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Severance agreements, court decisions, and history highlight 2023 SHRM employment law conference

About 600 human resources professionals attend in-person and virtually

Posted March 3, 2023

This year’s Society for Human Resource Management (SHRM) Employment Law and Compliance Conference, held February 26 to 28, brought insights on religious accommodation, severance agreements, the Form I-9, and Abraham Lincoln. About 600 human resources professionals attended this year’s event, with around 350 on-site in Washington, D.C., and 250 participating in the event virtually.

The conference included presentations from representatives of federal agencies, including the Equal Employment Opportunity Commission (EEOC) and the United States Citizenship and Immigration Service (USCIS), as well as attorneys, legal experts, and presidential historian Doris Kearns Goodwin.

Among the highlights:

Supreme Court decision to watch for

Several speakers pointed to the importance of a ruling likely to come from the U.S. Supreme Court in June. The court is likely to reach a decision in a case involving a mail carrier who says the United States Postal Service did not do enough to accommodate his request to have Sundays off.

The decision may impact how much hardship an employer has to prove before denying a religious accommodation. In addition, it may address how the accommodation’s impact on other employees figures into the calculation.

Currently only a small (or de minimums) amount of hardship needs to be shown for a religious accommodation to be denied by an employer.

“There has been a lot of debate over whether that standard should be heightened,” Jocelyn Samuels, vice chair of the EEOC, noted during a presentation. She added that, from her point of view, the current standard has done a good job of balancing religious liberty and other civil rights in the workplace.

Attorney Joseph Beachboard also highlighted this pending ruling in his presentation on the Supreme Court, and predicts that the current de minimus standard will be overturned. “This is going to create some significant new challenges and some new legal risks,” he said.

All severance agreements aren’t banned

Lauren McFerran, chair of the National Labor Relations Board (NLRB) provided some insights into a recent board decision on severance agreements in a question-and-answer session after a presentation on the board’s decision-making process. Employees may sign severance agreements after being terminated, agreeing to not speak against a company, sue a company, or reveal company secrets.

On February 21, the NLRB ruled that overly broad severance agreements are not allowed if they require employees to waive their rights under the National Labor Relations Act (NLRA), such as the right to discuss terms and conditions of employment.

McFerran emphasized that this did not mean that all severance agreements are banned. “The board has not outlawed severance agreements,” she said. “This severance agreement had an extremely broad non disparagement clause. There were no restrictions on the scope of the confidentiality clause.”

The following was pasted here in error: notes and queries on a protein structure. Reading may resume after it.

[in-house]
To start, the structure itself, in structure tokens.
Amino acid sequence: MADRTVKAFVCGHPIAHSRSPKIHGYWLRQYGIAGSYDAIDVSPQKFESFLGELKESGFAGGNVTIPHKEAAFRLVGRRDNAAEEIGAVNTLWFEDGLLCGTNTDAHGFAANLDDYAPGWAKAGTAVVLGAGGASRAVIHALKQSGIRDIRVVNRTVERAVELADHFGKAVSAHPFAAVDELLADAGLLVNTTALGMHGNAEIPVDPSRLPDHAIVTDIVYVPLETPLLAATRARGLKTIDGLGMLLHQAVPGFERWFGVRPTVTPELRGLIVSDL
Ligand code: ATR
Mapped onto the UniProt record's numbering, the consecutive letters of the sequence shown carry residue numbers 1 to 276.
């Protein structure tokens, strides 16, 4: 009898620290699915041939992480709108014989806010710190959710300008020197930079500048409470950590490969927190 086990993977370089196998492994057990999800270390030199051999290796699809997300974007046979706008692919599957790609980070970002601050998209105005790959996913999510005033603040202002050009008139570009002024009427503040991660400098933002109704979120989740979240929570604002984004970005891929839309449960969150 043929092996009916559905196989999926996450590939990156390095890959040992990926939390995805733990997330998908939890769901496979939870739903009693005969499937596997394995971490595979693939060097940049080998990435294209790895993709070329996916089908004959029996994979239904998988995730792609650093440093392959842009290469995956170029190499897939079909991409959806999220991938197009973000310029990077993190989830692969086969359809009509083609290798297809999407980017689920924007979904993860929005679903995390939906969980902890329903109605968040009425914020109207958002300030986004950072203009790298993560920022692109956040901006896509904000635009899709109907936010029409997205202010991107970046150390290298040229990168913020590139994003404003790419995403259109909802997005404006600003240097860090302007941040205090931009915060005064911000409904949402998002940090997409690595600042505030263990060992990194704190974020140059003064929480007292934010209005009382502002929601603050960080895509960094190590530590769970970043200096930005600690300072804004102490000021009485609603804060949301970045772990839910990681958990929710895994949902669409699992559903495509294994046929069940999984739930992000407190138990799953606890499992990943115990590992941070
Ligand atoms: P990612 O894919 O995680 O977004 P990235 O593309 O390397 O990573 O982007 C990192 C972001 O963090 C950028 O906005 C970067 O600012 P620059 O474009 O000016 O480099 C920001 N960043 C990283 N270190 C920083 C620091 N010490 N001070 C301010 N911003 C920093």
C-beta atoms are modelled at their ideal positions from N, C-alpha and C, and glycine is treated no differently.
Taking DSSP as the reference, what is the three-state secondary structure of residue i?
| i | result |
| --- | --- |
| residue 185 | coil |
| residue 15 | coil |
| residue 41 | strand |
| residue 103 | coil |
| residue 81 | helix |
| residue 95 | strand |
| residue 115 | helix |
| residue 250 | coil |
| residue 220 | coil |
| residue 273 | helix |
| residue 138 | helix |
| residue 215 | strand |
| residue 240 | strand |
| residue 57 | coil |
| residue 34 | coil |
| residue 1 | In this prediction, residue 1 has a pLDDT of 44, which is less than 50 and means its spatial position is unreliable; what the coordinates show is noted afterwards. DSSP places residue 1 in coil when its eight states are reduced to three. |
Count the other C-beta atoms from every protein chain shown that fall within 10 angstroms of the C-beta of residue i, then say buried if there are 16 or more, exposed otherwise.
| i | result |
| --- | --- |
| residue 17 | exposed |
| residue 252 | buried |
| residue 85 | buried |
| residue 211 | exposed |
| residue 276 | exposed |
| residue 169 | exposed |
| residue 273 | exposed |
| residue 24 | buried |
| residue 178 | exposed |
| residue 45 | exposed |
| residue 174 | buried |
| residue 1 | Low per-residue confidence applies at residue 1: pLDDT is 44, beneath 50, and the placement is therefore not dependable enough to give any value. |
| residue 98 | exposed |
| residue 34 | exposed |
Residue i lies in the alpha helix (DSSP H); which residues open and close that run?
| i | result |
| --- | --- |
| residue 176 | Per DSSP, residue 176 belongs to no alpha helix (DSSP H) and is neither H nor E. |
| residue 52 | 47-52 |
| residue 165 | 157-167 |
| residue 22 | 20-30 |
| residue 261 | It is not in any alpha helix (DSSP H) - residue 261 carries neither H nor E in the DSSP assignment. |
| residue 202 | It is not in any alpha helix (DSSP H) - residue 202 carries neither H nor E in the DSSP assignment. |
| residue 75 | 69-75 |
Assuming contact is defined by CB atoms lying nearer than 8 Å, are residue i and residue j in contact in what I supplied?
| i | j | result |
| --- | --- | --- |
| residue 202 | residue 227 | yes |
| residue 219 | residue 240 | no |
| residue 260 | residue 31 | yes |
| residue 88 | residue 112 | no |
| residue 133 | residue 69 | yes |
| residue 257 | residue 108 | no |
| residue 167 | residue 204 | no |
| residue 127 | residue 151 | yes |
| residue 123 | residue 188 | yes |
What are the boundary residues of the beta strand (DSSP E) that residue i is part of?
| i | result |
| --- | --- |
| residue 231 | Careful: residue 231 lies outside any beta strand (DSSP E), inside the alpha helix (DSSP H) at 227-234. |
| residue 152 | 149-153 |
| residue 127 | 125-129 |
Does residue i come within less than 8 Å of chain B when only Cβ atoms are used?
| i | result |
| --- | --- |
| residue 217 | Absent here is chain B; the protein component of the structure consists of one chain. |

The board has always said that employees cannot sign away their rights, she noted. “We thought these agreements were excessively board. We did not say all severance agreements are not allowed.”

We hear you: Remote review of I-9 documents

Doug Rand, senior advisor to the director of the United States Citizenship and Immigration Services (USCIS), likely provided some welcome news to HR professionals when he responded to an attendee’s question about allowing employers to review required Form I-9 documents remotely.

“We are definitely looking carefully at that,” Rand said. “We are well aware of what a difference that has made.”

During the COVID-19 pandemic emergency, employers have been able to review I-9 documents via video, fax, or email, rather than inspecting them in-person, in some cases when employees work remotely. The agency has proposed a rule that would set parameters for making this option permanent, but has not yet finalized it.

Lessons from history

Goodwin wrapped up the conference with a historical perspective and hopeful tone.

Goodwin, who chronicled Lincoln’s decision to bring individuals with different thoughts and perspectives into his cabinet in her book Team of Rivals, said Lincoln naturally had empathy, and could listen to and absorb other people’s points of view. “I think empathy is the most important quality in any setting,” she said.

She also pointed to the emphasis Lincoln, and others she has written about, placed on enjoying themselves:

  • Lincoln loved telling humorous stories, which made his cabinet members relax. He also went to the theater more than 100 times during the Civil War, so he could forget about the conflict for a few precious hours.
  • Teddy Roosevelt made it a point to get two hours of exercise a day, and during his walking excursions would go over obstacles, such as rocks and rivers, rather than around them.
  • Franklin Roosevelt held a cocktail party every night, where guests could talk about anything except the war.

Goodwin said she is often asked if we are living through the worst of times, and points to things our country has made it through, including the Civil War, Great Depression, and World War II.

“People living then didn’t know the end of their story, they lived with the same anxiety and fear we do today,” she said. “We can take some comfort in that.

“The hope in that is that we get to write the next chapter of our story even with all the anxieties we have today.”

This article was written by Terri Dougherty of J. J. Keller & Associates, Inc.

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